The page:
There is a sensibility to Asian cinema that you can not encounter in any other films. A little while ago I watched The Road Home (1999), directed by Yimou Zhang. And in all my frenzy of seeing as many 2016 films as possible now that we are in the middle of the awards season (it’s the only time of year I watch so many American films – an activity my film lover of a husband categorically refuses to take part in (but that’s okay, I prefer going to the movies alone anyway) – and, wow, was I disappointed by so many this time around!), this beautiful Chinese film was like a breath of fresh air and a call to the roots of film-making. Its simplicity, its colours, the emotions it transmits, the delicate performance of Ziyi Zhang (she is better known for Crouching Tiger Hidden Dragon, The Grandmaster, and Memoirs of A Geisha, but The Road Home is her most wonderful and subtle piece of acting) – they all work together to tell one of the best love stories in the history of cinema.
The film begins in a black and white, dark world, and when one of the characters, played by Honglei Sun, begins to tell the story of his parents’ love story, we are taken into a world of colour, a world of magic. What we get to watch is, in fact, the courtship between Zhao, a teenage girl from a small Chinese village, and Luo Changyu (Hao Zheng), the new village teacher, the innocence of falling in love and the real sacrifices one makes for love. One of the most important elements of Zhao’s courtship is the food she prepares for him. And one of the most artistically important scenes in the film shows an old man who delicately pieces together the fragments of a broken bowl, the very bowl that Zhao used to feed the man she loved. She was devastated when the bowl broke, and everything seems again to change now that it is being remade. The craftsmanship of the old man and the way this sequence is filmed, so emotionally charged, carry an incredible amount of symbolism, something that words could never accomplish. The entire movie relies very little on dialogue, but the story it tells will move you more than words ever could.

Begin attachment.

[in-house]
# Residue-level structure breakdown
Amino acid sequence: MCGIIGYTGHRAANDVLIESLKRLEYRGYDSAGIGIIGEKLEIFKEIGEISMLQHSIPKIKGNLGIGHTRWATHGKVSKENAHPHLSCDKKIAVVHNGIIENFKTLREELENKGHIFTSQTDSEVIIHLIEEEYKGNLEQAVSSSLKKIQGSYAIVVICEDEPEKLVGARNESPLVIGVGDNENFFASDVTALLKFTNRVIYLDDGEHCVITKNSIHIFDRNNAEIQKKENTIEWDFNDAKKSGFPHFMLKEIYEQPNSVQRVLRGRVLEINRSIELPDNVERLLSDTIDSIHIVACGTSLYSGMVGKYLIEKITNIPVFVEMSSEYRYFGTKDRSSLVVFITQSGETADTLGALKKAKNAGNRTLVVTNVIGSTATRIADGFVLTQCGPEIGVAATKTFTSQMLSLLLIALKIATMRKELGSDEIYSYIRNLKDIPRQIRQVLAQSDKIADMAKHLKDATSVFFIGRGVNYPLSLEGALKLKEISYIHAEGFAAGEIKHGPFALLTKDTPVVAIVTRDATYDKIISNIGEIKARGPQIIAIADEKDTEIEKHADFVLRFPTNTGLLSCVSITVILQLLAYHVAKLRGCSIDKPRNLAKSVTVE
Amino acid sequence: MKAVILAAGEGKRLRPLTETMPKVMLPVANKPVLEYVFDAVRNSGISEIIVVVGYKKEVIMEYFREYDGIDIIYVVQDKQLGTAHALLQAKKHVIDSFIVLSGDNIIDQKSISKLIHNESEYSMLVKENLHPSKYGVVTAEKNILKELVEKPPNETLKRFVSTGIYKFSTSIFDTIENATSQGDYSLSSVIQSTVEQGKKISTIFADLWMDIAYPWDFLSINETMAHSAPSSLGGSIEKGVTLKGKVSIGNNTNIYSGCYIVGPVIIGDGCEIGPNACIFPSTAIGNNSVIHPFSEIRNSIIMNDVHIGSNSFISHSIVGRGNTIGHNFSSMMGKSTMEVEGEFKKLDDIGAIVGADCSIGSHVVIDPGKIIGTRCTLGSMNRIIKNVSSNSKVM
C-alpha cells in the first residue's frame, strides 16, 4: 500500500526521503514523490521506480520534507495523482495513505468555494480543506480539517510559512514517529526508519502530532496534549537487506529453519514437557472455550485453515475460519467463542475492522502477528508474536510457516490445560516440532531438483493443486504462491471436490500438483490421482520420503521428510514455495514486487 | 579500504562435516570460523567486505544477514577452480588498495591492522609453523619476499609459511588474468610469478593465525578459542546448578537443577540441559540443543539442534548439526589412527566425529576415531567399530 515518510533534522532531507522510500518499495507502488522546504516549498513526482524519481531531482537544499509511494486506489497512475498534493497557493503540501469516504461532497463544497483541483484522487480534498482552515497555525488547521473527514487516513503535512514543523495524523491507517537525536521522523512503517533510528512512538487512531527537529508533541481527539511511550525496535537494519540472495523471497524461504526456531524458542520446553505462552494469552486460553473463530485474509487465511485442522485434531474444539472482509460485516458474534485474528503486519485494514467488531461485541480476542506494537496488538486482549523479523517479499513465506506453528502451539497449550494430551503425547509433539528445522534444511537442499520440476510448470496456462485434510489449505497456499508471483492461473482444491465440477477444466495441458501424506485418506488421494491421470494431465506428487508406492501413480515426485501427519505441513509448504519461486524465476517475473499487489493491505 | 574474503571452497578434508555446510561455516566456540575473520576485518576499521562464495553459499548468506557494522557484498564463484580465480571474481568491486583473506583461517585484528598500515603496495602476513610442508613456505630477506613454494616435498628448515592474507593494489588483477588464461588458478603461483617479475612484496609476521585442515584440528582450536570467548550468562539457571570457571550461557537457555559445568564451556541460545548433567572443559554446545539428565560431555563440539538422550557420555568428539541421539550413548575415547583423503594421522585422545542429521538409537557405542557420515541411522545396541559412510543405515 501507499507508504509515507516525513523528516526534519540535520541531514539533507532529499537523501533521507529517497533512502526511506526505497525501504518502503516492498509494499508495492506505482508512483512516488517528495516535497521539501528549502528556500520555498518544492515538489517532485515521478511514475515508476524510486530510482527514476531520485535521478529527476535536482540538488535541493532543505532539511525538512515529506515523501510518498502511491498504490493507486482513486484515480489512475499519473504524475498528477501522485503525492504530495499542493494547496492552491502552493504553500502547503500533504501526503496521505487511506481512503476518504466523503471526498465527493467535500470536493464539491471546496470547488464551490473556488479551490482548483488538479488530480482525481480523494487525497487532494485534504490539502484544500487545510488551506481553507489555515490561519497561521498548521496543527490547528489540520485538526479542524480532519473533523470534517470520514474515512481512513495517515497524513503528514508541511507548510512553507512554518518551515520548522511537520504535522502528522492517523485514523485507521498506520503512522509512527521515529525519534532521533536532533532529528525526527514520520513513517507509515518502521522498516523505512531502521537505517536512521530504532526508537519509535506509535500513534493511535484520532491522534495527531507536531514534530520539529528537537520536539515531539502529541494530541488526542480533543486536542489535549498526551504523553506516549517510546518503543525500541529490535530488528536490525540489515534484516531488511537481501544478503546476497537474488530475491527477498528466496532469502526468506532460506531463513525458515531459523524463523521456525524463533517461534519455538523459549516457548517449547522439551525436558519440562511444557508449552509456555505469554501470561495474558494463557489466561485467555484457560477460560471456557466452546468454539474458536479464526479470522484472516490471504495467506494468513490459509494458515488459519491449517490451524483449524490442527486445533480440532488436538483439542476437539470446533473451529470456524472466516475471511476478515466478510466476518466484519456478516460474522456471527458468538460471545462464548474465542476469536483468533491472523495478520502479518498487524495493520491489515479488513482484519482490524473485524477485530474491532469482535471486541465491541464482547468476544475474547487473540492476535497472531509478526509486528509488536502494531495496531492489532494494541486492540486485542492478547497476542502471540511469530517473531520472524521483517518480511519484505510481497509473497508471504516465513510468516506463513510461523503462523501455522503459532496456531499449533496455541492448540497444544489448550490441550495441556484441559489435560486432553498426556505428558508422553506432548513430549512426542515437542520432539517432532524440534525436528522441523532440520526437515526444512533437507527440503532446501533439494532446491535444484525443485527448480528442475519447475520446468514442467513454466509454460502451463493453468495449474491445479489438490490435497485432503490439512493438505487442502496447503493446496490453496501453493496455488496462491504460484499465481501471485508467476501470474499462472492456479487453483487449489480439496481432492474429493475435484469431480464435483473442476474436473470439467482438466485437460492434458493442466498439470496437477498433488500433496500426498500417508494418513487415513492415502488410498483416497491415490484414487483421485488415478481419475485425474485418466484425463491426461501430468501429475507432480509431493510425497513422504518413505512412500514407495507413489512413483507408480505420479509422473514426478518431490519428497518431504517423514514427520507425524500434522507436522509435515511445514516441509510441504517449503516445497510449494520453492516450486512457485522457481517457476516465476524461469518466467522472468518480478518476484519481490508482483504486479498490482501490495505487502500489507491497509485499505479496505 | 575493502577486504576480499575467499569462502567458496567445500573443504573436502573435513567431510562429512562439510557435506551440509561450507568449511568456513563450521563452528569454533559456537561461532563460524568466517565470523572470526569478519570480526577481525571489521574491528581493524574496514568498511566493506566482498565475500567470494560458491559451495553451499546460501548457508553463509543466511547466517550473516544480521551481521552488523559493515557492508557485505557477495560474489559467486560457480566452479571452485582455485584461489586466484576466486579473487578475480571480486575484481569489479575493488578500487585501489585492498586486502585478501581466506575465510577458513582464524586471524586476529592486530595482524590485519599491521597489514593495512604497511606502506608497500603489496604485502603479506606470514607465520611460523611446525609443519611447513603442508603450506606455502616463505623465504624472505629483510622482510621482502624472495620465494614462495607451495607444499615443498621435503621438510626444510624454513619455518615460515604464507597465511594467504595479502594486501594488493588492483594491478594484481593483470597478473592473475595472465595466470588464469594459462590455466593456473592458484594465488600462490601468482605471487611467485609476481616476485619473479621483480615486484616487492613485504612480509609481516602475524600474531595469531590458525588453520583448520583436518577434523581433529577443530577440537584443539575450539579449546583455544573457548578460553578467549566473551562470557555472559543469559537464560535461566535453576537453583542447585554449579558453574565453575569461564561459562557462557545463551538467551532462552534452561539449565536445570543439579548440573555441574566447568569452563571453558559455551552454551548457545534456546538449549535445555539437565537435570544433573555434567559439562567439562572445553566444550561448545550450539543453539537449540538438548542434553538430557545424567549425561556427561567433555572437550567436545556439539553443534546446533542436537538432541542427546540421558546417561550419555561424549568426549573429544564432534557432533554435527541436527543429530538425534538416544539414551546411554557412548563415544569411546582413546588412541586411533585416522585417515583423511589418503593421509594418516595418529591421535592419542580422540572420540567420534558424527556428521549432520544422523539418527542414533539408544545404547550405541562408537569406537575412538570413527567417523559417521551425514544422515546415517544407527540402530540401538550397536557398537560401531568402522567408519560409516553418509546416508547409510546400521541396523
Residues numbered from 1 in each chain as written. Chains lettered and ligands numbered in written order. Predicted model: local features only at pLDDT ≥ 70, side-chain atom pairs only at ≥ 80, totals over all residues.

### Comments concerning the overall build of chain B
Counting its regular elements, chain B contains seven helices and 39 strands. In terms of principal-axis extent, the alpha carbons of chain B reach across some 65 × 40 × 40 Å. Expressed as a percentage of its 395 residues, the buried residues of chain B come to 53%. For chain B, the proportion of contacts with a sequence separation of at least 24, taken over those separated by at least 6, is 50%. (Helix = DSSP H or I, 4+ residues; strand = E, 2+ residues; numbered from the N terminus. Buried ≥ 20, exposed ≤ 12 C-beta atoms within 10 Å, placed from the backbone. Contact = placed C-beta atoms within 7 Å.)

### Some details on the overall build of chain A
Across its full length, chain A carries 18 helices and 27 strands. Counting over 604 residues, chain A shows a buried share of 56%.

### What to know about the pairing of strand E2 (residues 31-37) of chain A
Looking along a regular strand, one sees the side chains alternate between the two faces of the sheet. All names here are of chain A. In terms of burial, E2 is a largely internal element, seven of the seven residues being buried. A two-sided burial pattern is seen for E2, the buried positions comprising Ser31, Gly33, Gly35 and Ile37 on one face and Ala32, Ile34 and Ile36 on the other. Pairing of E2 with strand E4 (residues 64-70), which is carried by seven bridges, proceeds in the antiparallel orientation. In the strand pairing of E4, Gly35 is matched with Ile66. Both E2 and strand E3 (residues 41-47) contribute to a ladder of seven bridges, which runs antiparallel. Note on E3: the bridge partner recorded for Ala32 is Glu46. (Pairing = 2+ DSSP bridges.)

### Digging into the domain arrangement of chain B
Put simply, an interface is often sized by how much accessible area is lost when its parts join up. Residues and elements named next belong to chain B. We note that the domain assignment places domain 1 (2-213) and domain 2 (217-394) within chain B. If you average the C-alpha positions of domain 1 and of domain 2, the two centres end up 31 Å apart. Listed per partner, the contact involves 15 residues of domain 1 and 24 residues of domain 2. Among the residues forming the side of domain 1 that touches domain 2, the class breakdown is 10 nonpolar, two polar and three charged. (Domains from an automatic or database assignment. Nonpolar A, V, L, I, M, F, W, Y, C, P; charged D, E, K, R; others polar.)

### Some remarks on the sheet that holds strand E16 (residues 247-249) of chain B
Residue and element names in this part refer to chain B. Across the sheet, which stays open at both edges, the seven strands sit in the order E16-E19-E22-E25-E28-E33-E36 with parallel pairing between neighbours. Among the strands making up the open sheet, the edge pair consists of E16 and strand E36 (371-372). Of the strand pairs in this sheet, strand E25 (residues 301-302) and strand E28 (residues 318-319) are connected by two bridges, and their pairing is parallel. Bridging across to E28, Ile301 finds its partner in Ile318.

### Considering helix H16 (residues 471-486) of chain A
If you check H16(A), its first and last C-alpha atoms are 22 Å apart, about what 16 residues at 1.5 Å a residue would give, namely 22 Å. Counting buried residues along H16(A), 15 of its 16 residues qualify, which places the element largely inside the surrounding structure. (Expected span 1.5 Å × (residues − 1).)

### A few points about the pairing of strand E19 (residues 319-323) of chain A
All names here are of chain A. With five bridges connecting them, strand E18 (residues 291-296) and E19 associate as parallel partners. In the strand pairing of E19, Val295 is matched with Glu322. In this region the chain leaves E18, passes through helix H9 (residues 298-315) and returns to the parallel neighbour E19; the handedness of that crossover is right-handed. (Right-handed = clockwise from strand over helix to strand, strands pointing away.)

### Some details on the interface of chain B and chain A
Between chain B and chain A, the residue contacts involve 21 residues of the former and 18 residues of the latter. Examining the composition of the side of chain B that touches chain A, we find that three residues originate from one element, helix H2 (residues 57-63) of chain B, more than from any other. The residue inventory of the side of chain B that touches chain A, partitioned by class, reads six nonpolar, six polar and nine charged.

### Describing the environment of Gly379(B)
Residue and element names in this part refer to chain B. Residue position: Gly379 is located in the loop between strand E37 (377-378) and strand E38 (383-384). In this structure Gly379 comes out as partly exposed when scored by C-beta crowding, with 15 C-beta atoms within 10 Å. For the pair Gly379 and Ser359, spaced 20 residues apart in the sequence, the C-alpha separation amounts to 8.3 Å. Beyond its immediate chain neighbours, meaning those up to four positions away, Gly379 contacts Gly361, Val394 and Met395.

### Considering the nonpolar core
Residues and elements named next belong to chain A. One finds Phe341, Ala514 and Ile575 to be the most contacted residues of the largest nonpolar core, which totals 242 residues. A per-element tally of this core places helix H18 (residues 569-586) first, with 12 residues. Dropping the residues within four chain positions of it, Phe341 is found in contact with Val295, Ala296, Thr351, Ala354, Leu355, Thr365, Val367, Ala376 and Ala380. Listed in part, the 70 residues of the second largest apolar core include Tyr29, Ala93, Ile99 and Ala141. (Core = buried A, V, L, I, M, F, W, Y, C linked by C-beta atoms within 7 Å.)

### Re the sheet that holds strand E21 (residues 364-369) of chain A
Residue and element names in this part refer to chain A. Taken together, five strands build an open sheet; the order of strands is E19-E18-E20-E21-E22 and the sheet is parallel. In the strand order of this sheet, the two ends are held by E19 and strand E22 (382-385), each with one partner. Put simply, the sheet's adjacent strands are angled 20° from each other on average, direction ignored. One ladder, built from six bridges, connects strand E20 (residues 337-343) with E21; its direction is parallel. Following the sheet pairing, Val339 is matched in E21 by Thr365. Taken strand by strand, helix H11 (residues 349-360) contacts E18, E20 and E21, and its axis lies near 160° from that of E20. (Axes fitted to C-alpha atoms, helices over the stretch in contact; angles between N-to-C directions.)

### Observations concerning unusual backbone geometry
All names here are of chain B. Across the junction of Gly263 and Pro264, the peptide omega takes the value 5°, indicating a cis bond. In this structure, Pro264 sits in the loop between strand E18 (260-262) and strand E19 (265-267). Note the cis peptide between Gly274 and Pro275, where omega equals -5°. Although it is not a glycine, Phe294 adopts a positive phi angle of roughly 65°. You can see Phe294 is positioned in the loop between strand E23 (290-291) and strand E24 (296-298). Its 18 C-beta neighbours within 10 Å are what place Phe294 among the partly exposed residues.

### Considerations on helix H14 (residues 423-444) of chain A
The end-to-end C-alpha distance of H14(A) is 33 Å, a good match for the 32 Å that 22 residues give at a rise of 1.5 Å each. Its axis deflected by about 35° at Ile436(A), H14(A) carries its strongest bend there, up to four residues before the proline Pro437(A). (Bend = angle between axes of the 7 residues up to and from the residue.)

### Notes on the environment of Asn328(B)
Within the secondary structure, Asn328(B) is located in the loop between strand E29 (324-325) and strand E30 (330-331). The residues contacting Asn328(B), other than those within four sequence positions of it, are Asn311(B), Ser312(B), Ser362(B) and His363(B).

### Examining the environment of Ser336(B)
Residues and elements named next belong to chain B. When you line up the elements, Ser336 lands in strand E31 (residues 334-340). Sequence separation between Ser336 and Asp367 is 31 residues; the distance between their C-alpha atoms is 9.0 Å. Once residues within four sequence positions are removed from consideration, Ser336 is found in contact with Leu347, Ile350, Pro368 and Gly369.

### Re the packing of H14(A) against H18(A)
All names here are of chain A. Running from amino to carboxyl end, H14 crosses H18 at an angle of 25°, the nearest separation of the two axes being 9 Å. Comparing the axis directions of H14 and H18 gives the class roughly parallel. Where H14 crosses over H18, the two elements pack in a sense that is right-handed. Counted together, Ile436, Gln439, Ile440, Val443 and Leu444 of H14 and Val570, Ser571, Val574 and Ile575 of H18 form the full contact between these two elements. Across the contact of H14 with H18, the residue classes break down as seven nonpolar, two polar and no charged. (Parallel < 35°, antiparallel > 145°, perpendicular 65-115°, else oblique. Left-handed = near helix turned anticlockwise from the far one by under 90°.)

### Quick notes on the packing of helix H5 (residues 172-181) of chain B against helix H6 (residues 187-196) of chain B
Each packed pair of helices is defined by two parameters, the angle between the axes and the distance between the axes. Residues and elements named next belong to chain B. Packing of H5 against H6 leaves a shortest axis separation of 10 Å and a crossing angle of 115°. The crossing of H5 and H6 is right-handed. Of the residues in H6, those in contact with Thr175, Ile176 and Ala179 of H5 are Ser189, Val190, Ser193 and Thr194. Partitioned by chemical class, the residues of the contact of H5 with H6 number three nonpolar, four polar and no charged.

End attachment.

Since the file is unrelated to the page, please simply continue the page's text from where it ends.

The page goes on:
photos: film stills | Columbia Pictures Film Production Asia, Guangxi Film Studio